However an accompanying Comment cautions the findings are only applicable to patients having periods of maximum virological suppression, and thus have limited application in low income countries.
Dr Amanda Mocroft, Royal Free Centre for HIV Medicine, Royal Free and University College London Medical Schools, and colleagues did a study of 1835 antiretroviral-naive patients from EuroSIDA, a pan-European observational cohort study. These patients, with a mean CD4 cell count of 204 cells per microlitre of blood, then started cART. They were selected because they all responded well to cART and their HIV viral loads were suppressed to below 50 copies per ml for extended periods of time.
The researchers found that the greatest average yearly increase in CD4 count of 100 cells per microlitre was seen in the year immediately following the start of cART. Significant, but lower, yearly increases of around 50 cells per microlitre were seen even five years after beginning cART in some cases, in which patients whose current CD4 count was below 500 cells per microlitre. Patients starting cART with low CD4 cell counts (of less than 200 cells per microlitre) had substantial rises in CD4 counts even after five years. The only groups without substantial increases in CD4 count were those where cART had been taken for more than five years with a current CD4 count of more than 500 cells per microlitre.
The authors conclude: “Normalisation of CD4 counts in HIV-infected patients for all infected individuals might be achievable if viral suppression with cART can be maintained for a sufficiently long period of time.
“We have shown that most patients with HIV who can maintain viral load at less than 50 copies per ml continue to have significant rises in CD4 counts, even after protracted exposure to combination therapy.
“Patients who started cART with a CD4 cell count of more than 350 cells per microlitre had CD4 cells counts approaching the level seen in HIV-negative individuals after more than three years of cART and had no further significant rises in CD4 counts.”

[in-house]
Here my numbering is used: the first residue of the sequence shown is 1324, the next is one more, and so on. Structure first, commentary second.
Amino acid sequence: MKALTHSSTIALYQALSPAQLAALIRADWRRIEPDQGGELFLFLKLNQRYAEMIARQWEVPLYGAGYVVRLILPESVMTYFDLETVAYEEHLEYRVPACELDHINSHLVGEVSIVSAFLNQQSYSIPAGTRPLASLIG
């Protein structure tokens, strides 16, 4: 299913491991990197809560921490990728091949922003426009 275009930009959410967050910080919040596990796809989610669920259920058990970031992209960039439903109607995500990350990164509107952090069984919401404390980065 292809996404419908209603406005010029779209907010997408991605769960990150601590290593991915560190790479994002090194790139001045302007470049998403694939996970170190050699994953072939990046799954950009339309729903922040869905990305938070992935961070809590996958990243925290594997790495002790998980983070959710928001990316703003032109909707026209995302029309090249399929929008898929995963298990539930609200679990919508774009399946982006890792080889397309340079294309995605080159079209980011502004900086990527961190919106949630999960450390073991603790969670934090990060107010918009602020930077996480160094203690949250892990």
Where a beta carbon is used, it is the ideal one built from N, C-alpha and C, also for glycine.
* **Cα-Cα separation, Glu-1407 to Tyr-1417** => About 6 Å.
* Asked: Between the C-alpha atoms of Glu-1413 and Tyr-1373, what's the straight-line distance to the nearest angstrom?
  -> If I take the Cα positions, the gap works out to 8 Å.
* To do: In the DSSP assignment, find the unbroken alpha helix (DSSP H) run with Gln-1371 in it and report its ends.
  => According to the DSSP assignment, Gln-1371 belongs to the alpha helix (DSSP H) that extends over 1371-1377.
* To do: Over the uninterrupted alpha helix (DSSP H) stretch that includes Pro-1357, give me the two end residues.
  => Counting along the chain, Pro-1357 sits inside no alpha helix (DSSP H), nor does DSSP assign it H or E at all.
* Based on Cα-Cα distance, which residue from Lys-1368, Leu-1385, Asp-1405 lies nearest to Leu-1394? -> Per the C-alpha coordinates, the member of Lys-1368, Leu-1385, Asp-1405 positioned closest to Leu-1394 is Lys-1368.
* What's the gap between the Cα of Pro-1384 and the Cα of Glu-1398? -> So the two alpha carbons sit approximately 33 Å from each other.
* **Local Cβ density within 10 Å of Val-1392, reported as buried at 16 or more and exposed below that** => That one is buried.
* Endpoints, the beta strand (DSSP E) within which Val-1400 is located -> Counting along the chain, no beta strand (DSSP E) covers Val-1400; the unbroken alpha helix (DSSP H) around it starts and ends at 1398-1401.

In the accompanying Comment, Dr Gary Maartens and Dr Andrew Boulle, University of Cape Town, South Africa, point out that CD4 cell count when patients start cART is the most important factor is predicting survival – not count increases after cART has begun.
They say: “Mocroft and colleagues’ findings that CD4 counts continue to increase on cART until normal values are reached, even with low CD4 counts at baseline, is only generalisable to patients on cART during periods of maximum virological suppression.”
They conclude: “Nevertheless, the researchers have shown that at least for patients with ideal responses to cART, normalisation of CD4 counts is likely to be achievable across a range of baseline counts.”
Tony Kirby | alfa
A 'half-hearted' solution to one-sided heart failure
24.11.2017 | Boston Children's Hospital
New study points the way to therapy for rare cancer that targets the young
22.11.2017 | Rockefeller University
High-precision measurement of the g-factor eleven times more precise than before / Results indicate a strong similarity between protons and antiprotons
The magnetic moment of an individual proton is inconceivably small, but can still be quantified. The basis for undertaking this measurement was laid over ten...
Heat from the friction of rocks caused by tidal forces could be the “engine” for the hydrothermal activity on Saturn's moon Enceladus. This presupposes that...
The WHO reports an estimated 429,000 malaria deaths each year. The disease mostly affects tropical and subtropical regions and in particular the African continent. The Fraunhofer Institute for Silicate Research ISC teamed up with the Fraunhofer Institute for Molecular Biology and Applied Ecology IME and the Institute of Tropical Medicine at the University of Tübingen for a new test method to detect malaria parasites in blood. The idea of the research project “NanoFRET” is to develop a highly sensitive and reliable rapid diagnostic test so that patient treatment can begin as early as possible.
Malaria is caused by parasites transmitted by mosquito bite. The most dangerous form of malaria is malaria tropica. Left untreated, it is fatal in most cases....
The formation of stars in distant galaxies is still largely unexplored. For the first time, astron-omers at the University of Geneva have now been able to closely observe a star system six billion light-years away. In doing so, they are confirming earlier simulations made by the University of Zurich. One special effect is made possible by the multiple reflections of images that run through the cosmos like a snake.
Today, astronomers have a pretty accurate idea of how stars were formed in the recent cosmic past. But do these laws also apply to older galaxies? For around a...
Just because someone is smart and well-motivated doesn't mean he or she can learn the visual skills needed to excel at tasks like matching fingerprints, interpreting medical X-rays, keeping track of aircraft on radar displays or forensic face matching.
That is the implication of a new study which shows for the first time that there is a broad range of differences in people's visual ability and that these...
15.11.2017 | Event News
15.11.2017 | Event News
30.10.2017 | Event News
24.11.2017 | Physics and Astronomy
24.11.2017 | Health and Medicine
24.11.2017 | Earth Sciences